Dr. Gillilan co-organized and lectured at the 2013 and 2015 ACA SAS workshops, was on the organizing committee and a lecturer for the 2018 ACA SAS workshop, has run eight introductory BioSAXS workshops at Cornell High Energy Synchroton Source (CHESS), and has trained innumerable scientists in less formal settings both at and away from the beamline in his role as lead scientist for the MacCHESS BioSAXS beamline for the last decade. He has also been extensively involved in the ACA SAS SIG, serving as chair and being co-chair for several SAS related sessions.

 

 

 

Dr. Gupta directs the Johnson Foundation Structural Biology and Biophysics Core Facility at the University of Pennsylvania and has over fifteen years of experience with small angle X-ray and neutron scattering, utilizing both laboratory source and national general user facilities. He has served on the organizing committee and as a lecturer for the 2013, 2015, 2016, and 2018 ACA SAS workshops. He has lectured at eight BioSAXS workshops at CHESS and a similar topical workshop at the NIST Center for Neutron Research (NCNR) in 2011. He has also been extensively involved in the ACA SAS SIG, serving as chair and being co-chair for several SAS related sessions.

 

 
 

Dr. Weiss is a leader of biological Small Angle X-Ray Scattering Group of the Structural Molecular Biology Resource at SSRL in Stanford that operates the state-of-the-art X-ray BioSAXS beamline 4-2 and provides expertise and experimental support for visiting and remote researchers. He organizes biannual 3 to 4 days hand-on training workshops on the application and use of SAXS and diffraction methods in structural biology.

 

 

 

 

Dr. Meisburger is SAS SIG Chair and regularly participate as instructor at the ACA BioSAXS workshops. He is developing novel analyzing tools for size exclusion chromatography coupled SAXS (SEC-SAXS). His development in Single Value Deconvolution application have a significant impact in the determination of solution state of transient protein-protein and protein-DNA complexes.

 

 

 

 

 

Dr. Grant is an Assistant Professor in the Department of Structural Biology at the University at Buffalo Jacob School of Medicine and Biomedical Sciences. He has spoken at and/or co-organized more than two dozen workshops in SAXS and serial crystallography. He is currently the SAS SIG Chair and has chaired and organized several sessions and workshops at the ACA. He is the creator and lead developer of the DENSS software package for the reconstruction of 3D density maps from solution scattering data (https://www.tdgrant.com/denss) and a developer of the OM software package for XFEL data analysis for solution scattering.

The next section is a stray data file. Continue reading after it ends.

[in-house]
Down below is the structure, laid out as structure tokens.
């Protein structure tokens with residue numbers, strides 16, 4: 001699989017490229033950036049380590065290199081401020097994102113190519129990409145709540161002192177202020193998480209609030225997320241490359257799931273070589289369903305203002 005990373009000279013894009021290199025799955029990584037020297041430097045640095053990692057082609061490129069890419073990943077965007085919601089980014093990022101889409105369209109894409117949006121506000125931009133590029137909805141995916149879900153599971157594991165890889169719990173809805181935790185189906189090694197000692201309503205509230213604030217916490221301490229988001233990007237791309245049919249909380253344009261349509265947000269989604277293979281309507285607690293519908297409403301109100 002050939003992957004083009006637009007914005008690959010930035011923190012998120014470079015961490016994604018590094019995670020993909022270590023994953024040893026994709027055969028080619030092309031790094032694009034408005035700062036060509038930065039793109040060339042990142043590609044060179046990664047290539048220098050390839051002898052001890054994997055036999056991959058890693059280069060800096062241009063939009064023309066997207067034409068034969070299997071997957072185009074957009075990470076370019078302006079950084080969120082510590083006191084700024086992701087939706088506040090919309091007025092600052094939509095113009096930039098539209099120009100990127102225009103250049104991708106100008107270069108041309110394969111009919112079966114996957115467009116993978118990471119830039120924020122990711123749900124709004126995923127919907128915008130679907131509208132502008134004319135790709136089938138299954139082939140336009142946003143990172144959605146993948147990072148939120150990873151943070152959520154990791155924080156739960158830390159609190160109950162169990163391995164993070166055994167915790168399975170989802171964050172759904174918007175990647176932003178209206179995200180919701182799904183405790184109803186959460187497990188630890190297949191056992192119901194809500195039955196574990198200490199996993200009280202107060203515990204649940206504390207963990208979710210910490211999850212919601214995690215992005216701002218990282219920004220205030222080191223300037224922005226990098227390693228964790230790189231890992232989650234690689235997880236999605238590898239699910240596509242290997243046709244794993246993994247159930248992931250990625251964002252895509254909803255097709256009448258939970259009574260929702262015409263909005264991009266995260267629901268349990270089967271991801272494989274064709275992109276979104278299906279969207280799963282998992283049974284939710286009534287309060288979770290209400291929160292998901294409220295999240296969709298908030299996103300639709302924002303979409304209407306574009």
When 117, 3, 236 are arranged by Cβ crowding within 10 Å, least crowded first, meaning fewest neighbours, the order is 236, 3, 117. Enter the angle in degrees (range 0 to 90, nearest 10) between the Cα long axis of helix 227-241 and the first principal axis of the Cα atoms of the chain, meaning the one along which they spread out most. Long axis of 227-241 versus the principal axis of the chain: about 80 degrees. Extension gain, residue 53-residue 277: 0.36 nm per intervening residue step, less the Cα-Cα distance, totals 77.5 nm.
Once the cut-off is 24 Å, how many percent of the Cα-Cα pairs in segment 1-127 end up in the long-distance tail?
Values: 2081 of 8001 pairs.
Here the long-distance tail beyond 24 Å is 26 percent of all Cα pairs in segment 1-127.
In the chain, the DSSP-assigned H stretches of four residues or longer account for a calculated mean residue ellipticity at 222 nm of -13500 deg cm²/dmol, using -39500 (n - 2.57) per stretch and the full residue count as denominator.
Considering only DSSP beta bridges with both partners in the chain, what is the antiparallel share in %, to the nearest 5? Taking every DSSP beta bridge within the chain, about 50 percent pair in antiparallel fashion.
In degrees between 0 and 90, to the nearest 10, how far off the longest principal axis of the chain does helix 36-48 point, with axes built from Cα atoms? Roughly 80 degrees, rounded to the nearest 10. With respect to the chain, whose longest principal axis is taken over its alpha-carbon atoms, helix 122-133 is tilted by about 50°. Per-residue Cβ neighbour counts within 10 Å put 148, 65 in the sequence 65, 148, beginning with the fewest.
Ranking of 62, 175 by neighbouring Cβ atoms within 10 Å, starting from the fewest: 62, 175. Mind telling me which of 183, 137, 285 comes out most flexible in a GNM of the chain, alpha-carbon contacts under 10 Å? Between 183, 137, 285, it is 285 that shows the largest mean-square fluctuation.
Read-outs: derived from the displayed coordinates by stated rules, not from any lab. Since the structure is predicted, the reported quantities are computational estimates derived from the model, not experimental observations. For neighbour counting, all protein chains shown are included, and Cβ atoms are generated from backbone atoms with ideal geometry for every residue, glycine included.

Schedule 

 Start EndInstructor/Topic 
8:00 8:30 Registration and Software Installation Help; Speaker Introduction
8:30 9:00

Michal Hammel and Greg Hura (ALS)
BioSAS: Basics
Why is SAS helpful? Structure-prediction validation, cryo-EM vs SAXS, characterization of Lipid-nano assembly (vacines).

9:00 9:30

Richard Gillilan (CHESS)
The Scattering Profile
Guinier analysis, concentration, monodispersity, etc.

9:30 10:00

Jesse Hopkins (APS)
Data Analysis: Model-independent Features
Molecular Weight Determination, Invariant Plots and Flexibility, The P(r) function

10:00 10:15 Coffee Break
10:15 12:00

Jesse Hopkins (APS) and Richard Gililan (CHESS)
Tutorial I: Basic Data Analysis: Concentration dependence, radiation damage, calculate a P(r) function, determine Molecular Weight, Dmax, Rg, Volume, etc.…

12:00 1:00

Xenocs /Anton-Paar
Working Lunch - Laboratory Source SAXS
Capabilities and opportunities of laboratory source BioSAXS

1:00 1:30

Kushol Gupta (University of Pennsylvania) + open discussion
Sample Preparation
Sample purification and preparation, aggregation, buffer selection, etc.

1:30 2:00
Steve Meisburger (Cornell)
SEC-SAXS Application and Practical Considerations
2:00 2:30
Kushol Gupta (University of Pennsylvania)
Complementary Biophysical Methods for Sample Assessment 
The importance of supporting biophysical methods including static and dynamic light scattering. 
2:30 3:15
Dina Schneidman-Duhovny (Hebrew University of Jerusalem)
Data Analysis: Model-dependent Analysis of SAS Data 
Calculated scattering profiles from atomic models, Shape reconstruction, Atomistic modeling and defining of system dynamicity using ensemble modeling.
3:00 3:15
Micha Hammel (ALS)
Tutorial II: Calculate, evaluate, and display atomistic ensemble model (FoXS, MultiFOXS, FoXSDock)
3:15 3:30 Coffee Break
3:30 4:30
Thomas Grant (University at Buffalo) and Thomas Weiss (SSRL)
Tutorial 3: Ab initio reconstruction of shape from scattering data.
Calculate, evaluate, and display bead models (DAMMIF/N) and electron density models (DENSS)
4:30 5:00
Greg Hura (ALS)
High throughput SAXS - screening technique 
Structural similarity map by comparing SAXS profiles
5:00 5:30
Thomas Weiss (SSRL)
Publishing SAS data
Best practices for data presentation, validation, and supporting information
5:30  

Conclusion